EMDR Therapist Progressions

The GOEMDRIAN Community would like to acknowledge the progression of excellence by acknowledging those who have achieved EMDRIA approved milestones. To be included in EMDR Therapist Progressions, please be sure to let us know of your EMDR-related progress so that we can celebrate your success! Contact Wendy Gibbs at wendygibbs@livewellgainesville.com.


At a Glance:
Mary Beth

We made it! It has been a very busy 2019! If you are like me the year has brought unforeseen challenges as well as blessings. One of those blessings is our community’s growth! We now have 2800 contacts on our mailing list! Please feel free to share this link (www.goemdrian.org) with your colleagues who want to stay informed about trainings and information in our community.

Your Board is here to serve you. 

Please contact us if you would like to volunteer or have ideas that would benefit our community.

Your local TRN: I am so happy to have additional help on our GOEMDRIAN Inc. team. Lauren Sparer (lpearlmanlmhc@gmail.com) and Dominique Barritt McBride (dominiquebarritt@gmail.com) are co-chairs of the Trauma Recovery Network. Please contact them if you would like to volunteer.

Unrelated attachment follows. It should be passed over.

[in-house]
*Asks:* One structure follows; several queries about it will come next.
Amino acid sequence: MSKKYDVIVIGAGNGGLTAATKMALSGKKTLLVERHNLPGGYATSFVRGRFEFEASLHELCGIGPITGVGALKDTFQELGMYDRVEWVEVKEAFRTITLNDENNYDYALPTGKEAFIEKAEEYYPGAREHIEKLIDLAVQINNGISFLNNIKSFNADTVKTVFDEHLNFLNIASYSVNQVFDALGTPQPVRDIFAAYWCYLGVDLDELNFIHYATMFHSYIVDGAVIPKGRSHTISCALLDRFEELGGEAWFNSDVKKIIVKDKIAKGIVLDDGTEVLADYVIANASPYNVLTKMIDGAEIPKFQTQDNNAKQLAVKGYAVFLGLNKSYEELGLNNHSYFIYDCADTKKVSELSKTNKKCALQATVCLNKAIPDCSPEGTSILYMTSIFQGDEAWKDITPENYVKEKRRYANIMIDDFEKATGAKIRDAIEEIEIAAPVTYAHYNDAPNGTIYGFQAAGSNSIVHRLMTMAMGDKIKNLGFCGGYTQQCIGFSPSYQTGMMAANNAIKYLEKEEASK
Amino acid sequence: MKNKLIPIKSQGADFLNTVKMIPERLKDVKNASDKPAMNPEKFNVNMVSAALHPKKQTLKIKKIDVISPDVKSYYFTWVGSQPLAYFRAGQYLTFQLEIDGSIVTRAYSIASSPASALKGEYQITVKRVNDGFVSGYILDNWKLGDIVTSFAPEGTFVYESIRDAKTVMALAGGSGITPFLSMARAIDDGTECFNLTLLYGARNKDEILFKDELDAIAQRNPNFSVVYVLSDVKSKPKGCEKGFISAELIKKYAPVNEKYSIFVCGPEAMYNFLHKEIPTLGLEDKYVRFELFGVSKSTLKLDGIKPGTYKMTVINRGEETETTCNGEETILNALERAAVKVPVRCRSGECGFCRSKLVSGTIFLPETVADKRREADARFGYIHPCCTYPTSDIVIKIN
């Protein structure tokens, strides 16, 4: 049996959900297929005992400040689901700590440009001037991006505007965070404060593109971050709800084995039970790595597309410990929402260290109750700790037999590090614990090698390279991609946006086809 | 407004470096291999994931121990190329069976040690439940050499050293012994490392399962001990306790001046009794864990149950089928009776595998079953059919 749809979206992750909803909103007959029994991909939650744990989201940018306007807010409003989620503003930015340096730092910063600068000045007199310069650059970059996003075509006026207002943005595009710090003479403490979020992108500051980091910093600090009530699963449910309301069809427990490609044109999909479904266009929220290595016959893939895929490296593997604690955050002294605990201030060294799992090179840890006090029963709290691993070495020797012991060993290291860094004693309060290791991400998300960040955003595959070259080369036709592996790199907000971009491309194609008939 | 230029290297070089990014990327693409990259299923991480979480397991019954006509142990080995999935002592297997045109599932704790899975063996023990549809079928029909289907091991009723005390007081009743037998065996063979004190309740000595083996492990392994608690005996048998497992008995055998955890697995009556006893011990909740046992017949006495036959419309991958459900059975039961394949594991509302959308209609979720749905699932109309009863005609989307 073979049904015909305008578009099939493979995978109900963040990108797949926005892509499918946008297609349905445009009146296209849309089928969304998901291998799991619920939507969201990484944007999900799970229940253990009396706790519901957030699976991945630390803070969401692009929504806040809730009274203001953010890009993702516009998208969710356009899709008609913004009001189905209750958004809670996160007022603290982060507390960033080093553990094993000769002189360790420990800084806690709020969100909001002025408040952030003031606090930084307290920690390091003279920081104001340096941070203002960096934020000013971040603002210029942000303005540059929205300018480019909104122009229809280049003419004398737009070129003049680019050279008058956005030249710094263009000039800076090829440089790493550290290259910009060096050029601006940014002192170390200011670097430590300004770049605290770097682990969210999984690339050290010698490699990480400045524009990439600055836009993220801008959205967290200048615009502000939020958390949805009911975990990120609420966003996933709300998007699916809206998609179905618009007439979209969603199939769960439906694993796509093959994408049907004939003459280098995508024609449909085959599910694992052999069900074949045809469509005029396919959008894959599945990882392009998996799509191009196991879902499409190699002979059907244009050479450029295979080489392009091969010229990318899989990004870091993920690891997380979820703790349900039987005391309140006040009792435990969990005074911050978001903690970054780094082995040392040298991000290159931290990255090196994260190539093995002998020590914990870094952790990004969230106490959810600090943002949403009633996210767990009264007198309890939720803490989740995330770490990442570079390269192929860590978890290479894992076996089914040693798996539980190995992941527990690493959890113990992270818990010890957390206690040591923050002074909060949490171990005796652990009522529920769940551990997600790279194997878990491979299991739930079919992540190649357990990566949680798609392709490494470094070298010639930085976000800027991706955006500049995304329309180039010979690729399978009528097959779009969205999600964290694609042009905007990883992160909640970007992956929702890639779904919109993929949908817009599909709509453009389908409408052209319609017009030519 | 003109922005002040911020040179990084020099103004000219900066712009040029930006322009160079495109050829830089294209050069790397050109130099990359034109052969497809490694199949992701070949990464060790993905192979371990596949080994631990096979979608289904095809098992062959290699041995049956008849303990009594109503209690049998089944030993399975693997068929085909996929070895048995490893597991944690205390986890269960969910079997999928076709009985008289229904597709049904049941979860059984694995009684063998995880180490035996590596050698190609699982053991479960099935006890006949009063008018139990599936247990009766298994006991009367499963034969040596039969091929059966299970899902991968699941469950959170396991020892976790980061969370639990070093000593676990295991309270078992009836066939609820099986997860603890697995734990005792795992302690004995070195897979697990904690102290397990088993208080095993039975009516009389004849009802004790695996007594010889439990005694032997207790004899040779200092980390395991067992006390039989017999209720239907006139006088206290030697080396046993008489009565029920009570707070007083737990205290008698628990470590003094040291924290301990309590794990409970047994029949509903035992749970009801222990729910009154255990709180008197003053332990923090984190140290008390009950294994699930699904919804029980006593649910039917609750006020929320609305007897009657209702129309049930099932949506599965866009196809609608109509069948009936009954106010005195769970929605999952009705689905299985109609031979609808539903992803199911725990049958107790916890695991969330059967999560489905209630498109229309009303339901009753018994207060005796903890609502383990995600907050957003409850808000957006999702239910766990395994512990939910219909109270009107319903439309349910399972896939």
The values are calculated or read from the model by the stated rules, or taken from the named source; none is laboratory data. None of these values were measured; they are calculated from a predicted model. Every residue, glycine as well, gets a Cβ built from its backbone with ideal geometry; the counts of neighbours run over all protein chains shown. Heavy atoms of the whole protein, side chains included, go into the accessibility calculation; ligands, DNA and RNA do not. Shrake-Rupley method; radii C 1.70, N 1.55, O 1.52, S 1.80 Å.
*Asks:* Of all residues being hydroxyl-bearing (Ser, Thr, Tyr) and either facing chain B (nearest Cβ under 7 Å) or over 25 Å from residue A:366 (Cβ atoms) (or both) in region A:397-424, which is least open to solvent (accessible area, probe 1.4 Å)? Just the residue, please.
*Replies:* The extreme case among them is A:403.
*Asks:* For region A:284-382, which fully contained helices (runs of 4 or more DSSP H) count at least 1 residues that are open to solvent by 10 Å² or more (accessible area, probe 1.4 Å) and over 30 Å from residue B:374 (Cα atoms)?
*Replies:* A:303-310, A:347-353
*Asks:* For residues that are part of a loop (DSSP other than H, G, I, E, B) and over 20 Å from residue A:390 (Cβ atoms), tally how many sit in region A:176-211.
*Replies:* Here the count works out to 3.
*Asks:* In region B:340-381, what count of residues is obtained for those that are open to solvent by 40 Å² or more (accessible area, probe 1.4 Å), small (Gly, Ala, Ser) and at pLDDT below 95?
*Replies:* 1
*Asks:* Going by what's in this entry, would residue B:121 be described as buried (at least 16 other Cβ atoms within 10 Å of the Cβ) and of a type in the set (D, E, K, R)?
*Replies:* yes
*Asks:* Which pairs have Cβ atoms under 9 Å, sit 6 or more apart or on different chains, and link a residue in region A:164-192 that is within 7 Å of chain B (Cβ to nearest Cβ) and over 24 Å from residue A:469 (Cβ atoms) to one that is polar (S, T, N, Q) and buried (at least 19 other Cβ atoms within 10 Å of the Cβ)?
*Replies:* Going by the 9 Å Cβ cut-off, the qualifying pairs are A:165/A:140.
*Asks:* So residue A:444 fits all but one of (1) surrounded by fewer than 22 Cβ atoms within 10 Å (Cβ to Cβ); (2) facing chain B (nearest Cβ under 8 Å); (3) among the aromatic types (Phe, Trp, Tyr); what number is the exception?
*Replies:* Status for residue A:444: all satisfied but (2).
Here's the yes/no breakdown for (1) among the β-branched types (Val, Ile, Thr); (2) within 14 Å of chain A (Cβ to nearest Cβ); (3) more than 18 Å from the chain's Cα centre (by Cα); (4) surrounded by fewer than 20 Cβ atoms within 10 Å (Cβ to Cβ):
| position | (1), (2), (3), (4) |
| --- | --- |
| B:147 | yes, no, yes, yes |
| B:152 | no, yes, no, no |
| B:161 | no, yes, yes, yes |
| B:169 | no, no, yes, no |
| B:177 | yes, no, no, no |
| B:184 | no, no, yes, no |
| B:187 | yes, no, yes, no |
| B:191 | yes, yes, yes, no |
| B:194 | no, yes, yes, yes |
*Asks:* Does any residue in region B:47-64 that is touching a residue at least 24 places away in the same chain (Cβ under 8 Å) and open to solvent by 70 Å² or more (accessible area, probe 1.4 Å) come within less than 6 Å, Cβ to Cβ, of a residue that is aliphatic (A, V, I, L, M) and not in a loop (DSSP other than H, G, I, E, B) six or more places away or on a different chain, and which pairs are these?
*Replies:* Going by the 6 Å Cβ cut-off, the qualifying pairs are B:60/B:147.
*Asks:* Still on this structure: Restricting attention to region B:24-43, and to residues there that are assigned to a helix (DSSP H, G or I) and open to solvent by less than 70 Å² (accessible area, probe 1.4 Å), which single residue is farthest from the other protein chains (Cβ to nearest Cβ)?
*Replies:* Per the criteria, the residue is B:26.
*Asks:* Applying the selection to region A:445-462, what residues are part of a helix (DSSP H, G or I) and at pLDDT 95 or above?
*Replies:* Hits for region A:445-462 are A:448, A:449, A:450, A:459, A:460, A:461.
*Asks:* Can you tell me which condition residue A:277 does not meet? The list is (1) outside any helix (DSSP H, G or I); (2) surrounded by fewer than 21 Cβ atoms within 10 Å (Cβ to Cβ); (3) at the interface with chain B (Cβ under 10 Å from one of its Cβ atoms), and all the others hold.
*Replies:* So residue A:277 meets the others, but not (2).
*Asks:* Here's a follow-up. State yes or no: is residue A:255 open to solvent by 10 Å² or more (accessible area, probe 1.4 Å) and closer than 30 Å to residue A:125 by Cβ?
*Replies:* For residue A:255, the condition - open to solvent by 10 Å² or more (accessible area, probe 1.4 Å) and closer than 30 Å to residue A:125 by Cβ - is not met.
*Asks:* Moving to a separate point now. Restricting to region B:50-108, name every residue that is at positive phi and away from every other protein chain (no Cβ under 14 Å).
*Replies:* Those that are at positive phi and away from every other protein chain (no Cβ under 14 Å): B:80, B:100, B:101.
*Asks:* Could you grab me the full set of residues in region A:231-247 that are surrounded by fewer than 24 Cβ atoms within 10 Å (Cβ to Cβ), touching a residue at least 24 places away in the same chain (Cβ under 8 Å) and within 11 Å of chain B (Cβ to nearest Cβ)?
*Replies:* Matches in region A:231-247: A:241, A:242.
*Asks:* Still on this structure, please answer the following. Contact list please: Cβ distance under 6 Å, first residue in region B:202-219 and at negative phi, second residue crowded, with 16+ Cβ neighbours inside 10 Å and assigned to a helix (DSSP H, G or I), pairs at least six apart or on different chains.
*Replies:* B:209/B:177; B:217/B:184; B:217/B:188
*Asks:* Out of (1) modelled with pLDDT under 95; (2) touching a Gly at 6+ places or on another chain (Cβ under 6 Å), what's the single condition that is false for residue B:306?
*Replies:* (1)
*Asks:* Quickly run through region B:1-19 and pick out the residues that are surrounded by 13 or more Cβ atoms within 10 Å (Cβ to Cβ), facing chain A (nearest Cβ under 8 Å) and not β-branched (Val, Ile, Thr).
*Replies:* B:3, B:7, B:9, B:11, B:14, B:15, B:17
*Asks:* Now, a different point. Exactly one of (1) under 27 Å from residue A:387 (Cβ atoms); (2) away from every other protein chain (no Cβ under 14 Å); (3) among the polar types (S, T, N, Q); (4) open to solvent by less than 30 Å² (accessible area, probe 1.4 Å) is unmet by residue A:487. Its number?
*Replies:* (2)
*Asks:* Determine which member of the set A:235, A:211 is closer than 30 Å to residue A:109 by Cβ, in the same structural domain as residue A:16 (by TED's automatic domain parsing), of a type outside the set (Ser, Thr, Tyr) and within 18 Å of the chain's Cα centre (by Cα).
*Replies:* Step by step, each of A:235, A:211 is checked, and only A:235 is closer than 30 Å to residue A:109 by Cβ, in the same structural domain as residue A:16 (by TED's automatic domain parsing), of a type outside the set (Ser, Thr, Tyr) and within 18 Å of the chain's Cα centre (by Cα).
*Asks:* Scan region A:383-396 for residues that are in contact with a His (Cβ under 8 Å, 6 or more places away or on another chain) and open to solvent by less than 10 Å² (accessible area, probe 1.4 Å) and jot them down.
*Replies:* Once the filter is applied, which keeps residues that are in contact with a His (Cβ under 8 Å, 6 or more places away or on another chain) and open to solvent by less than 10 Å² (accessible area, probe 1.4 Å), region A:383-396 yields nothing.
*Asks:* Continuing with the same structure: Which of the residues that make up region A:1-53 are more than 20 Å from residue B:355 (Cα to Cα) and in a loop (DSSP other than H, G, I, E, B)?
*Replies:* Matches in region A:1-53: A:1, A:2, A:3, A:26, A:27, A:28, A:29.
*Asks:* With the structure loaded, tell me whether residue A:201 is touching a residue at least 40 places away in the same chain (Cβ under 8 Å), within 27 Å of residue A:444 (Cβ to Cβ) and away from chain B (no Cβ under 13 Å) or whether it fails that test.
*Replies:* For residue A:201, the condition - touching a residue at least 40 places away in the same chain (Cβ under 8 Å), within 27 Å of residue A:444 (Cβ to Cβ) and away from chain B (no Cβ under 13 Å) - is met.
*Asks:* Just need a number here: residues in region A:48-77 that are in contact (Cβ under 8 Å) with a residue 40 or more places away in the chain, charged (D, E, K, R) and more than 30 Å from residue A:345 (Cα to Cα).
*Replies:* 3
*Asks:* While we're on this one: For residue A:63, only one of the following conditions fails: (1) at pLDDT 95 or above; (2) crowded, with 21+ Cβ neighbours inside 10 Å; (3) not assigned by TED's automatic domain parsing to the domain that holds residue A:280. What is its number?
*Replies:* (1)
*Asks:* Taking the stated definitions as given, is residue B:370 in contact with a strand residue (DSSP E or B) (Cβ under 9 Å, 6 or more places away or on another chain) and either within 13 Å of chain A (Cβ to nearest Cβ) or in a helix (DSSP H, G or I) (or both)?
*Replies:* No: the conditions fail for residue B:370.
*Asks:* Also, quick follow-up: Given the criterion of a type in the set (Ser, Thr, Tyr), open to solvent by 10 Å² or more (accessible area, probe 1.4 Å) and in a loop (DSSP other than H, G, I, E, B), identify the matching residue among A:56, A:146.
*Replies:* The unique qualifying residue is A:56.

September 12 – 15, 2019: We are looking forward to the EMDRIA International Conference in Orange County, California. You can get more information Here.

November 8, 2019: We have had a change of venue and are excited to be presenting a virtual training. Learning together via the internet allows us to gather as a community and learn together and from one another as we practice new skills. We look forward to seeing you there. Click here for more information.

Plans for 2020: We have asked Marnie Davis to present on Eating Disorders. We are hoping to provide EMDRIA credits as well as CEU’s for this training. 

Spring 2020: Latest and Greatest: Also look forward to highlights form the EMDRIA International Conference in California brought to you doorstep via our local trainers!

EMDR Institute Listserv Moderator: Subscribe or change your subscription at: EMDR subscription